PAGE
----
Last week, the Australian Code came to the attention of a broader audience due to some of the largest internet companies’ vastly diverging responses to it: while Google has described the Code as “unworkable” and later struck a deal with News Corp anyway, Facebook has drawn the ire of many Australians by blocking links to news content from being shared in their network in Australia. Facebook’s sweeping blocks took down the pages of essential services and civil society groups as well. Whereas the former example shows that big internet companies are willing to bargain over the use of links and snippets, the latter demonstrates that platforms have become an indispensable channel for news consumption and sharing of vital information during a pandemic and global climate crisis. In return for last minute amendments to the Code, Facebook has reportedly agreed to permit news to be shared again in Australia — after what has been likened to a hostage situation.

    Leaving aside the question of why we, as a society, have let for-profit companies take over the space for public discourse, Wikimedia is concerned about these developments around the Code for various reasons that are directly linked to free knowledge and our ability to ensure everyone can participate in it.

    Wikipedia, which does not run ads, has just turned 20. One of its core principles is to only include information that can be verified through references to trusted sources. This essentially means two things: First, to continue to be reliable as an encyclopedia and to grow and include more information about the world we live in, Wikipedia relies both on journalism that investigates, reports, and documents the things that are going on around us. Second, to be truly collaborative and earn the trust of volunteers and readers, Wikipedia tries to link to the sources that it cites. Links allow everyone to verify for themselves whether information seems trustworthy and whether it is described accurately in a Wikipedia article. That is to say: Wikipedia needs both a vibrant and diverse landscape of news media, and also depends on the open Web, both to link to original sources and as a searchable space for information that is categorized and curated by people, organizations, and companies offering their services. When journalists stop reporting because they don’t get paid, or when people can no longer use search engines to find news on the Web to cite in Wikipedia, our online encyclopedia suffers.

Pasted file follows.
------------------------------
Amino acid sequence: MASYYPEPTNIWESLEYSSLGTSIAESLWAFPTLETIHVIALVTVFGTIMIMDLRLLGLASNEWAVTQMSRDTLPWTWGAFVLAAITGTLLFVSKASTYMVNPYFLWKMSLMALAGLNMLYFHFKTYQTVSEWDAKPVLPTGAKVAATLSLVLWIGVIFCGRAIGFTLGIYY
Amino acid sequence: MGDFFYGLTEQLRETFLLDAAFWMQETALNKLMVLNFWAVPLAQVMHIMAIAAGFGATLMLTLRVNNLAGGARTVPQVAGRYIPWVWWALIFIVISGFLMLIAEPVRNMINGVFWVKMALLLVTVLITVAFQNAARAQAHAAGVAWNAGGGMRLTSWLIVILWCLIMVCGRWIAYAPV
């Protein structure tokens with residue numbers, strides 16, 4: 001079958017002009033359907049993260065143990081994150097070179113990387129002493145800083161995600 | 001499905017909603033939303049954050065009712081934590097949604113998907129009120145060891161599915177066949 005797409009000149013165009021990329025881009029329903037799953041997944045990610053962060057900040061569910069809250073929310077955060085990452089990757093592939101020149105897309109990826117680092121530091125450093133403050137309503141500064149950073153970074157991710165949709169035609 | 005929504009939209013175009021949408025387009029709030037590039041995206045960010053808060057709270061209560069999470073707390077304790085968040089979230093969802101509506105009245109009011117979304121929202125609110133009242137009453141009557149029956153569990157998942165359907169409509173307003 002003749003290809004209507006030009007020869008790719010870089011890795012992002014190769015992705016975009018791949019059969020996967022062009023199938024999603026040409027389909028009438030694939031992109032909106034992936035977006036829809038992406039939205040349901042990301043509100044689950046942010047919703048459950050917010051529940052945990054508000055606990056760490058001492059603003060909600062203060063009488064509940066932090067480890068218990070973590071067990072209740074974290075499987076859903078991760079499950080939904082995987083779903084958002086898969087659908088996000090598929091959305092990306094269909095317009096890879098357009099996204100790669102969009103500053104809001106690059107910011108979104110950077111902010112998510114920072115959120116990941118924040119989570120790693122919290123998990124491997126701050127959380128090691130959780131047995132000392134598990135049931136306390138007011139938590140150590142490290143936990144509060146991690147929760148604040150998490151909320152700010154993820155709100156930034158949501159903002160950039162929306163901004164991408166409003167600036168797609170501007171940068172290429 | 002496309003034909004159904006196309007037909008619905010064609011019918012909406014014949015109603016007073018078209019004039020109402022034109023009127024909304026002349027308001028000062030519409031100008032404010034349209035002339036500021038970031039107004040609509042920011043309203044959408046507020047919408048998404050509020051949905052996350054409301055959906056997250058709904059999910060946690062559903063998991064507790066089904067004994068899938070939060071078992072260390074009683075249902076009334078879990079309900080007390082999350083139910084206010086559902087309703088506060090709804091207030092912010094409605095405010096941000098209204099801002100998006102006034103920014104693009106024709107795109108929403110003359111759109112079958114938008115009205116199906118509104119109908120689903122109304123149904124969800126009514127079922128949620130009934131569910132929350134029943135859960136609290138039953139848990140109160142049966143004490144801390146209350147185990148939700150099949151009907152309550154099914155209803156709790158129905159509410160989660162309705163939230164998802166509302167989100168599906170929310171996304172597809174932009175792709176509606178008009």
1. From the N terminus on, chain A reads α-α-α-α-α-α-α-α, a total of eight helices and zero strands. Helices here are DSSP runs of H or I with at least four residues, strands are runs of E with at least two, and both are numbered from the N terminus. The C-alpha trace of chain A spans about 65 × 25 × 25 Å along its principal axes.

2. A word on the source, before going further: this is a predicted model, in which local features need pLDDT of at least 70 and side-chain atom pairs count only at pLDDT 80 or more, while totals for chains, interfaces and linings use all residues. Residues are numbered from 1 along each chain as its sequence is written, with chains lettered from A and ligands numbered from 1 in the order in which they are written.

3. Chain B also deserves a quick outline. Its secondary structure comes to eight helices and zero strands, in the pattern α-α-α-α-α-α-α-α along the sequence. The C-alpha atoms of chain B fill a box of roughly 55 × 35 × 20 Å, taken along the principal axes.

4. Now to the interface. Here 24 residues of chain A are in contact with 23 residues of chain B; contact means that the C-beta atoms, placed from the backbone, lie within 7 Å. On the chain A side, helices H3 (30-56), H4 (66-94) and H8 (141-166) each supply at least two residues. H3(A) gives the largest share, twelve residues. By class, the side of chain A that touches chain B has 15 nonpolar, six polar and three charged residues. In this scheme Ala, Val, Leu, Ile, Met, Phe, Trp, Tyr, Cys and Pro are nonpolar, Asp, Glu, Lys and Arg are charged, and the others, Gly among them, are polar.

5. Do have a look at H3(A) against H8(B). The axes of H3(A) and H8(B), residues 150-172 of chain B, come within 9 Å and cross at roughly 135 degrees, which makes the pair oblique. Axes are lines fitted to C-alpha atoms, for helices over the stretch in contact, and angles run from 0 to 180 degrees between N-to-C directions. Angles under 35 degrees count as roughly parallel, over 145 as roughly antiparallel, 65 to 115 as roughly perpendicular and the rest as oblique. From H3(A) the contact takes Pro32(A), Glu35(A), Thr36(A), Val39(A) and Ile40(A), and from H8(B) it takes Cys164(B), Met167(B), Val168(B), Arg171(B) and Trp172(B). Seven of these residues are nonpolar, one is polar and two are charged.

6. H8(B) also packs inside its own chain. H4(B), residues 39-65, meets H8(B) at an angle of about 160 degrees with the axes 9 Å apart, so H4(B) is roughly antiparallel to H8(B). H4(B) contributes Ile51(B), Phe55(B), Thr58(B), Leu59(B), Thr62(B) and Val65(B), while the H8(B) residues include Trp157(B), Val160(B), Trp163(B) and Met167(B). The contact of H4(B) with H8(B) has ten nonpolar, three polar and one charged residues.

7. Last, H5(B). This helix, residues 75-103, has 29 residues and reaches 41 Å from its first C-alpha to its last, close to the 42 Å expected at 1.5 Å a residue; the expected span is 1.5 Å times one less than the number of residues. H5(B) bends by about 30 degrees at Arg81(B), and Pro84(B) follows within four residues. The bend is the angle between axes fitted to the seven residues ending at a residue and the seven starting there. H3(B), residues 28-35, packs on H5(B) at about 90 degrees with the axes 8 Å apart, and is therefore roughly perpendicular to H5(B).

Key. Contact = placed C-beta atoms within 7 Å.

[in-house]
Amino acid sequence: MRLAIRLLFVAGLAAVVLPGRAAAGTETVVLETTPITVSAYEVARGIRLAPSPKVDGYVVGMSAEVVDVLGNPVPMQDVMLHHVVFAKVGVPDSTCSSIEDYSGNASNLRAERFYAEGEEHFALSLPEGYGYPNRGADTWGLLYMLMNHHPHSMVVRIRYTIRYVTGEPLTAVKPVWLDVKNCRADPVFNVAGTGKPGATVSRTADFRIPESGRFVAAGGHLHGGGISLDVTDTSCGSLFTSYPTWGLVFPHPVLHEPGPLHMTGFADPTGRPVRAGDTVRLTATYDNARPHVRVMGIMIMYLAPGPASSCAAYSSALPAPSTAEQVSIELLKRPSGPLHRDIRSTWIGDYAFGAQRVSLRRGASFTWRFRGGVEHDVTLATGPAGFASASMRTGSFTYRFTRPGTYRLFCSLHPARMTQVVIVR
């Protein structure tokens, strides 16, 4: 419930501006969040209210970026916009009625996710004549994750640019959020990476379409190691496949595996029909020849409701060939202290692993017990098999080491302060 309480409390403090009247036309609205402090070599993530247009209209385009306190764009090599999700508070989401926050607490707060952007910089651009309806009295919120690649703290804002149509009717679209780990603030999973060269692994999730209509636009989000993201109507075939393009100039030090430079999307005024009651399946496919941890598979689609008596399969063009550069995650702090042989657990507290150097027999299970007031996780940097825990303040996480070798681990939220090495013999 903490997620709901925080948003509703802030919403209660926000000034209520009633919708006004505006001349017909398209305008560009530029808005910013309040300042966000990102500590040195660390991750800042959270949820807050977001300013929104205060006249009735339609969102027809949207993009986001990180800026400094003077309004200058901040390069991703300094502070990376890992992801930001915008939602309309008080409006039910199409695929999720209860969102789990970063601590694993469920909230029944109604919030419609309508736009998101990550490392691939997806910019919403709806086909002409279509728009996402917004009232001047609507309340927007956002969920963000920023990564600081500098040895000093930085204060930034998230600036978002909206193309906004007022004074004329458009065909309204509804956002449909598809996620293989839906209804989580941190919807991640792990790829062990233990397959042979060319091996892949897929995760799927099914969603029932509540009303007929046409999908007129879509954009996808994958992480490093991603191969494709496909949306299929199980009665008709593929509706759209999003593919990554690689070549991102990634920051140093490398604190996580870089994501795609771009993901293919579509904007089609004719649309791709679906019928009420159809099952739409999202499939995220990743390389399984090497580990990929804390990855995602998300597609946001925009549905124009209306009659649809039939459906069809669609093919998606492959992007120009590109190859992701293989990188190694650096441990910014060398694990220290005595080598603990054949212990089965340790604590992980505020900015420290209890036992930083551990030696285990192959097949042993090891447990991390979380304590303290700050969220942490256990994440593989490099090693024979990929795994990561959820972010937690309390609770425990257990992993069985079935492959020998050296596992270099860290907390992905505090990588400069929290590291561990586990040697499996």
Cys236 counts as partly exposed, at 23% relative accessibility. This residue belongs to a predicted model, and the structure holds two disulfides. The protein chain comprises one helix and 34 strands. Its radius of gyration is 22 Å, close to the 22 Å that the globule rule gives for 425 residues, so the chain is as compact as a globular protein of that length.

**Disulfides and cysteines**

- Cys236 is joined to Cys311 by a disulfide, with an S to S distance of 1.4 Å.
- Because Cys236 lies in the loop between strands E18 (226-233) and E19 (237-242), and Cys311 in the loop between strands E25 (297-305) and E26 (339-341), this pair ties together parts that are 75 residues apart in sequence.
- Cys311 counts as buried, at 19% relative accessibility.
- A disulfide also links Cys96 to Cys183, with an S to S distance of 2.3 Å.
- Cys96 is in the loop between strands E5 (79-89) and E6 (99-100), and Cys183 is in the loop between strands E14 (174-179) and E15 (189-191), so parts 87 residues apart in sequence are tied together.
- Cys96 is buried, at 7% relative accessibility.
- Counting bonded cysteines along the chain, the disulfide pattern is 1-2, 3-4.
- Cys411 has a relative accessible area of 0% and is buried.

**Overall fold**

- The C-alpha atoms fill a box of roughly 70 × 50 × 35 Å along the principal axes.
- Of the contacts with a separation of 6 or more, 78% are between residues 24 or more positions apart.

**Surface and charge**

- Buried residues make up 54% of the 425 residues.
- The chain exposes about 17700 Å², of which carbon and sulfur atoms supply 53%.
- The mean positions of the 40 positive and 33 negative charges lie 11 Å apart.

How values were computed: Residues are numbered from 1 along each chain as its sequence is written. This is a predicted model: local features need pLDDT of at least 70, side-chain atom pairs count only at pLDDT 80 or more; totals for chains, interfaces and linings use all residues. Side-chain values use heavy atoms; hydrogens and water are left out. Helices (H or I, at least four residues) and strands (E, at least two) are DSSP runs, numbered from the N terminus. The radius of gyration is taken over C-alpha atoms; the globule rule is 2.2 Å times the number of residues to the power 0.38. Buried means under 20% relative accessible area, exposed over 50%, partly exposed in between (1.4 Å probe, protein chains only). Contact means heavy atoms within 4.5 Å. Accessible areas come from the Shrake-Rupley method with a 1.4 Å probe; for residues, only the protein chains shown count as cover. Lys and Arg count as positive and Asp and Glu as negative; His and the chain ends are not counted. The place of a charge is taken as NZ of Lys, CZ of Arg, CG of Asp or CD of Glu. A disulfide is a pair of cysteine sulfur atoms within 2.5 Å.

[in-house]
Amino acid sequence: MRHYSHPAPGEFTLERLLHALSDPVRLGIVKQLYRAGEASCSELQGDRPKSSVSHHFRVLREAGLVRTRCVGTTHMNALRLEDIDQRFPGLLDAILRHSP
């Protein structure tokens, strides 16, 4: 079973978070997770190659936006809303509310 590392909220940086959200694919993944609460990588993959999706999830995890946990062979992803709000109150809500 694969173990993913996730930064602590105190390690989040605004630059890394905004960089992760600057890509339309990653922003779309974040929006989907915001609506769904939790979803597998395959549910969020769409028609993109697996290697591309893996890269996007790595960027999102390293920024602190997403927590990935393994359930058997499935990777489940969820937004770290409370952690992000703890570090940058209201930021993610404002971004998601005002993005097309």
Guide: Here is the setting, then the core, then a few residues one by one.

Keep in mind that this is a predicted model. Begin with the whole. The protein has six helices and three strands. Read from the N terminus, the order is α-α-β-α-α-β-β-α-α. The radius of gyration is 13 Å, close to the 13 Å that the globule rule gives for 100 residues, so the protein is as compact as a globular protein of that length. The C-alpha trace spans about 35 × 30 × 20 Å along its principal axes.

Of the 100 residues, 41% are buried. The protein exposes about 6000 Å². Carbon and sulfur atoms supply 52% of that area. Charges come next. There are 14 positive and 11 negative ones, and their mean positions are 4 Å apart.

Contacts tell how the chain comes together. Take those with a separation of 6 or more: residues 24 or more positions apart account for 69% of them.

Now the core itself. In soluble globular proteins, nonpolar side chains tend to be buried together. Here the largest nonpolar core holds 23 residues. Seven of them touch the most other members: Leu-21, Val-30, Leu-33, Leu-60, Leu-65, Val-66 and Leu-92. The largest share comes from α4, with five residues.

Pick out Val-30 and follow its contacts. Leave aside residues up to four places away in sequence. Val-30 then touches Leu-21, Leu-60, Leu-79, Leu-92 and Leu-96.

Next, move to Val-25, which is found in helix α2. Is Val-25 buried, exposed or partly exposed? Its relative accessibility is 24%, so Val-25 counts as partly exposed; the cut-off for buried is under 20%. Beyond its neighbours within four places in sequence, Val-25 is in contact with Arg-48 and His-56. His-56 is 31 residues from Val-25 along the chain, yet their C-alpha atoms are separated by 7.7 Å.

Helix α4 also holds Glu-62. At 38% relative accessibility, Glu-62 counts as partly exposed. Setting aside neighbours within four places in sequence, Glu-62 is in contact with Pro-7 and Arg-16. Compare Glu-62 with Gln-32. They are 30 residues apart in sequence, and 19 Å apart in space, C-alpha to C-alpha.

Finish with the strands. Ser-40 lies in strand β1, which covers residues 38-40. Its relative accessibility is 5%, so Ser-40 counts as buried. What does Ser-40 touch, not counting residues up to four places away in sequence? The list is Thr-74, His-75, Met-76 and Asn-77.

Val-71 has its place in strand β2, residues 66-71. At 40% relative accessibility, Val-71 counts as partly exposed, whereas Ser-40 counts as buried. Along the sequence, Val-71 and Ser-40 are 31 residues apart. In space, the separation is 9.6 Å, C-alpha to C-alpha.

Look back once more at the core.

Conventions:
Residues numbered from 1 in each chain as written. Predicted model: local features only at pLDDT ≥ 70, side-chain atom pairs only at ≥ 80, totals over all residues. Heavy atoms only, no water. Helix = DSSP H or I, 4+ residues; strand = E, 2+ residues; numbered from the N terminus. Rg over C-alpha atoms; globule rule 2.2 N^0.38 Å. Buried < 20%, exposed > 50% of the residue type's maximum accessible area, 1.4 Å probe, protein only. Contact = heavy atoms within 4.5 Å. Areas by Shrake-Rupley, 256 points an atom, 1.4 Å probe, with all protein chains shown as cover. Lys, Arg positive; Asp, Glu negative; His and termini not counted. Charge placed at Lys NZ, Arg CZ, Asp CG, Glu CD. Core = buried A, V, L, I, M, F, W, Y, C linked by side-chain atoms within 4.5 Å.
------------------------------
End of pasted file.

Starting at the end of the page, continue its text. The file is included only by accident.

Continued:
It is easy to understand the frustration faced by journalists, whose work is published in outlets with dropping ad revenue, while “big tech” companies are posting record profits year after year while stumbling from one scandal around ads to another. At the same time, it is troubling that the largest media companies in the EU and Australia (and likely elsewhere too) seem capable of pushing governments and lawmakers to adopt legislation that would siphon ad revenue from a new industry sector to legacy businesses. Unfortunately, the context and the parties involved in this dispute are distracting from the real challenge that we all face, whether in Australia, in the rural US, or in Sub-Saharan Africa: high quality journalism, especially at a local level, is suffering and with it our ability to make good, well-informed democratic decisions. Access to verifiable, well investigated news is already unequal as more and more reliable and well-researched information is “disappearing” behind paywalls. We are currently also experiencing a flood of misinformation, which will swiftly fill the gap that develops when platforms remove content from verified publishers.